Fox News source: Baltimore's mayor ordered the police to stand down

In a segment yesterday, Bill Hemmer said a Fox News producer told him that when he asked Baltimore cops why they weren’t more aggressive in confronting the brick-tossers on Monday, the response was “Talk to the mayor.”

Is this what they meant?

Despite a firm denial by Baltimore Mayor Stephanie Rawlings-Blake, a senior law enforcement source charges that she gave an order for police to stand down as riots broke out Monday night, raising more questions about whether some of the violence and looting could have been prevented. 

The source, who is involved in the enforcement efforts, confirmed to Fox News there was a direct order from the mayor to her police chief Monday night, effectively tying the hands of officers as they were pelted with rocks and bottles. 

Asked directly if the mayor was the one who gave that order, the source said: “You are God damn right it was.”

I think Ed’s right that Rawlings-Blake’s instantly infamous comment about giving the protesters space to “destroy” things was a legit misspeak, a brain far in the course of a rambling answer where she probably meant space to “demonstrate.” But once that comment took off, perceptions of her as soft on the rioters were irresistible. The idea of her giving a stand-down order to the cops plays right into that. And the truth is, she was softer on them she should have been: Even if you assume, a la Ed, that she meant space to demonstrate, John Sexton asks a good question in wondering why she was still so focused on preserving that space after the protests had already turned violent.

Back to Fox’s source, though. Were the cops overwhelmed because Rawlings-Blake told them to back off, deciding that the city was better off with a few businesses smashed and looted than with another potential police brutality incident after Freddie Gray? Or were the cops overwhelmed because they were quickly outnumbered by rioters?

By 3:30 p.m., the kids were throwing bottles and bricks at police officers. They were ordered to disperse, but the violence escalated as officers were injured. By 4:30 they were setting fires and making their way downtown. The police were unable to stop them. “I was there. I saw our reaction. I gave directions to advance,” Baltimore Police Commissioner Anthony Batts said. “They just outnumbered us and they outflanked us.”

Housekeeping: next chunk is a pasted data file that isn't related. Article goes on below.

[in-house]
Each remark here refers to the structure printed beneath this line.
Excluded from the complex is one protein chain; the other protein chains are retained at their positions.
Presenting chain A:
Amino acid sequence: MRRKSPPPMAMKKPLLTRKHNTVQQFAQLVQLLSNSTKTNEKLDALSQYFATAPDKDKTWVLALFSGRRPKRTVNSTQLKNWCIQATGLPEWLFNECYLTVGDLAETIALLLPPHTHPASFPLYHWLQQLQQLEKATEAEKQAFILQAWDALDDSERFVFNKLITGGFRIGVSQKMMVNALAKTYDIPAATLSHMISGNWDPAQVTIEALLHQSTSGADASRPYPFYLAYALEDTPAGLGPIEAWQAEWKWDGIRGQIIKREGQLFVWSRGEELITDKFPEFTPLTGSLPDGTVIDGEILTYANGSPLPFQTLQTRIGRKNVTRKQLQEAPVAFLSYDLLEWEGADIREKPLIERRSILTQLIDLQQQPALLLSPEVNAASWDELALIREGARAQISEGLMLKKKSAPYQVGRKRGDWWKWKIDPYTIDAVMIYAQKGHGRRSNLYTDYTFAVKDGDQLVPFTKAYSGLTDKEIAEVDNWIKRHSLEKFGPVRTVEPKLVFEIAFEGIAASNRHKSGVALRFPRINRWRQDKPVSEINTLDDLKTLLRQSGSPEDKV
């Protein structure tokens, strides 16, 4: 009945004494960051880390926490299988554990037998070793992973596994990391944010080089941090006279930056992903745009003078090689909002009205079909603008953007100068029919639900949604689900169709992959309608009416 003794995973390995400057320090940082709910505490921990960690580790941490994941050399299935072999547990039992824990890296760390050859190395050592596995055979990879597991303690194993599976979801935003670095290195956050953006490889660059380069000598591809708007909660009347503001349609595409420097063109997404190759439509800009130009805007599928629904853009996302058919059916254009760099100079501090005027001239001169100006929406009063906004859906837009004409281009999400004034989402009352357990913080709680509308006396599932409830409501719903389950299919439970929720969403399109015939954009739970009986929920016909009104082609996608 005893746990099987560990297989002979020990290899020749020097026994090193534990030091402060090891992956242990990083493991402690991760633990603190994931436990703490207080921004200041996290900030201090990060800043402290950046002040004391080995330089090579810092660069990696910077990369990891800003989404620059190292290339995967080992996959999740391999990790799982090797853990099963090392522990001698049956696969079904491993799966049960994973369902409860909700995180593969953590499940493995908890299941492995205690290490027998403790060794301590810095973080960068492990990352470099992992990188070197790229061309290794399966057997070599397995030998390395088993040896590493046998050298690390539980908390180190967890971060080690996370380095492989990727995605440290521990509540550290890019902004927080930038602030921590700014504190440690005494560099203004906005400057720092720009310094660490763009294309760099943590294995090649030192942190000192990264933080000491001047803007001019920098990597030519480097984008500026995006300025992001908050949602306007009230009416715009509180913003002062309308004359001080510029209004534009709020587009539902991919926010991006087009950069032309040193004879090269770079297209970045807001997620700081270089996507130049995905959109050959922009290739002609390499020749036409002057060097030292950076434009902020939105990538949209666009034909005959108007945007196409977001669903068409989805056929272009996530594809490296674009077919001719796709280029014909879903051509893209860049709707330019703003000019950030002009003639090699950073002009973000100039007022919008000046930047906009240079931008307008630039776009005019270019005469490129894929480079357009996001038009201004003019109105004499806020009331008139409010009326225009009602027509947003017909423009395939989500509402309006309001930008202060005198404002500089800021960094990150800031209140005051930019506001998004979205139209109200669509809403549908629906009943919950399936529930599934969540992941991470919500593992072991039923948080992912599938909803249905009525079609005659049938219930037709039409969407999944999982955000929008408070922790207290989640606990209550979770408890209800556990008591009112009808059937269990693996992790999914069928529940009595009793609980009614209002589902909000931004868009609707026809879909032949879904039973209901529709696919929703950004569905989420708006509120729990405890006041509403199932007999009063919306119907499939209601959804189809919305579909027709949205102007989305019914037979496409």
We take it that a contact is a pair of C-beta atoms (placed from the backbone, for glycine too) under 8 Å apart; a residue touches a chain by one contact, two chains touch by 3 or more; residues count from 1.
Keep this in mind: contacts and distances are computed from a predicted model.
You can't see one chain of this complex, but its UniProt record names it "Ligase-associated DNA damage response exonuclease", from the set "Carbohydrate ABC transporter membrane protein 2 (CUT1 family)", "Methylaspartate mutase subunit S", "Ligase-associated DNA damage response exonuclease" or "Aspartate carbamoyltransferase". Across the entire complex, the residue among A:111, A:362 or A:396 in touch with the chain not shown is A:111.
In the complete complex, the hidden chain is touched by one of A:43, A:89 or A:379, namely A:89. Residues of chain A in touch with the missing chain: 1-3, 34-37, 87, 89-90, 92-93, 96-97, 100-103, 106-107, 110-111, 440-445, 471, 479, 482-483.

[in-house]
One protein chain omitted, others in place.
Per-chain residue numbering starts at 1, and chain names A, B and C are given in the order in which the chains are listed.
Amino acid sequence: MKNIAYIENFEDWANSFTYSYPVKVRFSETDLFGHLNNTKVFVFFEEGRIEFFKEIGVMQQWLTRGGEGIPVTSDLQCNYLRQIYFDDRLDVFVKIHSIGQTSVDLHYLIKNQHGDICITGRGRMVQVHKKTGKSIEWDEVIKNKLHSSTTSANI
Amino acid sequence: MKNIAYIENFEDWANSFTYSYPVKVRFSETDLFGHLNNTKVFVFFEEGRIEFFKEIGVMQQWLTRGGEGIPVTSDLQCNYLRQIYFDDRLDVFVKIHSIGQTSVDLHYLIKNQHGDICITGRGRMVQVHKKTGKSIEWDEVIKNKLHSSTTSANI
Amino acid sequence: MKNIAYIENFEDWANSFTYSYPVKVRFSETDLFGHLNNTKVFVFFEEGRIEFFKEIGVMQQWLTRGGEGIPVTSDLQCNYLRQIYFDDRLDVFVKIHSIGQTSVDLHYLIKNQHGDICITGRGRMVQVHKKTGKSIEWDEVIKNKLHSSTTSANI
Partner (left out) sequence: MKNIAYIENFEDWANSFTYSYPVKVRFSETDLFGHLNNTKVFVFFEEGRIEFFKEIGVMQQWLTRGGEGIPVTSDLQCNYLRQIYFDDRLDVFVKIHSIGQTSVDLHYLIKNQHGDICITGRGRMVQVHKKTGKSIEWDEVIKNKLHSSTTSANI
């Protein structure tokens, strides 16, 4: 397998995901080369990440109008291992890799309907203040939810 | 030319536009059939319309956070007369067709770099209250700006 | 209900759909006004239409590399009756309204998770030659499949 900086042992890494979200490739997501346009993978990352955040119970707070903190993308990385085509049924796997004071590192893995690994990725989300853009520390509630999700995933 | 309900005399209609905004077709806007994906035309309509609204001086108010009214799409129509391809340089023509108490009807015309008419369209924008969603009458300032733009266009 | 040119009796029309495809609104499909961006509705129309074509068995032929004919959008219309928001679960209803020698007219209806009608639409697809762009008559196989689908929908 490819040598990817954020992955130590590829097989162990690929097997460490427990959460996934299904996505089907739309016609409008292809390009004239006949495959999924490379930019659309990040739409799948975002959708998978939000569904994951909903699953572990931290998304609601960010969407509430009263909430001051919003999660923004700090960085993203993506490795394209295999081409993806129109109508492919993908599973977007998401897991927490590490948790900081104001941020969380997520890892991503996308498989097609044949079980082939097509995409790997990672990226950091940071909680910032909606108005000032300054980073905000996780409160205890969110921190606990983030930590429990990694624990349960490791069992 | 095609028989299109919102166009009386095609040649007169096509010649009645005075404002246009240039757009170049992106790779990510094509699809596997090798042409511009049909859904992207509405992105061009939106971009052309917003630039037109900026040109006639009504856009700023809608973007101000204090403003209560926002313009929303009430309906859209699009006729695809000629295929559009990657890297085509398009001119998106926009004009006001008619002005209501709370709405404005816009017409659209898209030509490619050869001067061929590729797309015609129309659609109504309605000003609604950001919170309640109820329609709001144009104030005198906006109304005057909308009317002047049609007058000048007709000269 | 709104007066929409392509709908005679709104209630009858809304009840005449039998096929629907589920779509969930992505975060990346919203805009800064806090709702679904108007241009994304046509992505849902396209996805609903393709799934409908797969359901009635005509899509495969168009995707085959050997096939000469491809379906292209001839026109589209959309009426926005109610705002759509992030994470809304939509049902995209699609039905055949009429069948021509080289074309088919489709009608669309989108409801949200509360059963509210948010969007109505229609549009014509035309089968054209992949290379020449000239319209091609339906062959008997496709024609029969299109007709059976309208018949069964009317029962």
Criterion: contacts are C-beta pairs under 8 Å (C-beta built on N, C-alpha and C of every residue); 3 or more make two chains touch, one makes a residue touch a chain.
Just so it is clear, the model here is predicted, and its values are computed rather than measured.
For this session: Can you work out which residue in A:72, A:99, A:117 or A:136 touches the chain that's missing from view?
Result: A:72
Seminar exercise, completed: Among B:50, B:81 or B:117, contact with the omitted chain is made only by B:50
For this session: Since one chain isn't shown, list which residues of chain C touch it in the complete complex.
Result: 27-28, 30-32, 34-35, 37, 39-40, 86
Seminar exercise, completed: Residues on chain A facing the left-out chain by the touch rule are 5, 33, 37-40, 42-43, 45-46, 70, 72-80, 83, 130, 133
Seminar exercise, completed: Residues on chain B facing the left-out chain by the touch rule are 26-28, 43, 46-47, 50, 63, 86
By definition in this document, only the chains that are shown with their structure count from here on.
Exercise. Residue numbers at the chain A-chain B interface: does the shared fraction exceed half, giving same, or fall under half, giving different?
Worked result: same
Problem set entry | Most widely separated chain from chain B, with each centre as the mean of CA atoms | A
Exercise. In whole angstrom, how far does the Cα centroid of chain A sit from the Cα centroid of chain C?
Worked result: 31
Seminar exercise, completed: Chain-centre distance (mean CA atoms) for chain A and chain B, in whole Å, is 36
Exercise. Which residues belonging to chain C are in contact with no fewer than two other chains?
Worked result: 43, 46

The officers at Mondawmin Mall were too small a group to properly handle the crowd, experts say. There were enough officers at the mall to hold a line and some property, but not enough to penetrate the crowd and make arrests, says Neill Franklin, who oversaw Baltimore police training from 2000 to 2004. “You’ve got to have enough boots on the ground,” said Franklin. “Without that, there’s nothing you can do. You’ll be overwhelmed very quickly.” Also important for policing is a deep familiarity with surrounding streets and alleys. In order to secure an area, Franklin said, police should know all the access and exit points where protestors can approach from…

“The moment the first bottle or the first rock is thrown first, or the first officer is assaulted, action has to be taken,” said Jon Shane, associate professor at John Jay College of Criminal Justice. “And it has to be swift, and it has to be firm.” Much of the crowd had already moved downtown by the time enough police had arrived to make arrests.

It may have been the fact that the brick-throwing started among a group of high-school kids, not a group of adults, that led the police to be passive. “When we deployed our officers yesterday, we were deploying for a high school event,” one officer told the media yesterday. They got caught by surprise, whether by the hostility they encountered, the sheer numbers of kids rampaging, or both. If you believe Time, no stand-down order was needed. On the other hand, a stand-down order would jibe with the fact that Rawlings-Blake apparently waited several hours while the riots expanded before formally requesting National Guard help from the governor. Her strategy in the first flush of confrontation on Monday may have been to wait it out, hold the cops back, and hope that the rioting burned itself out quickly, before a heavier state response was needed. If so, given that there’d already been violence over the weekend, that was awfully stupid.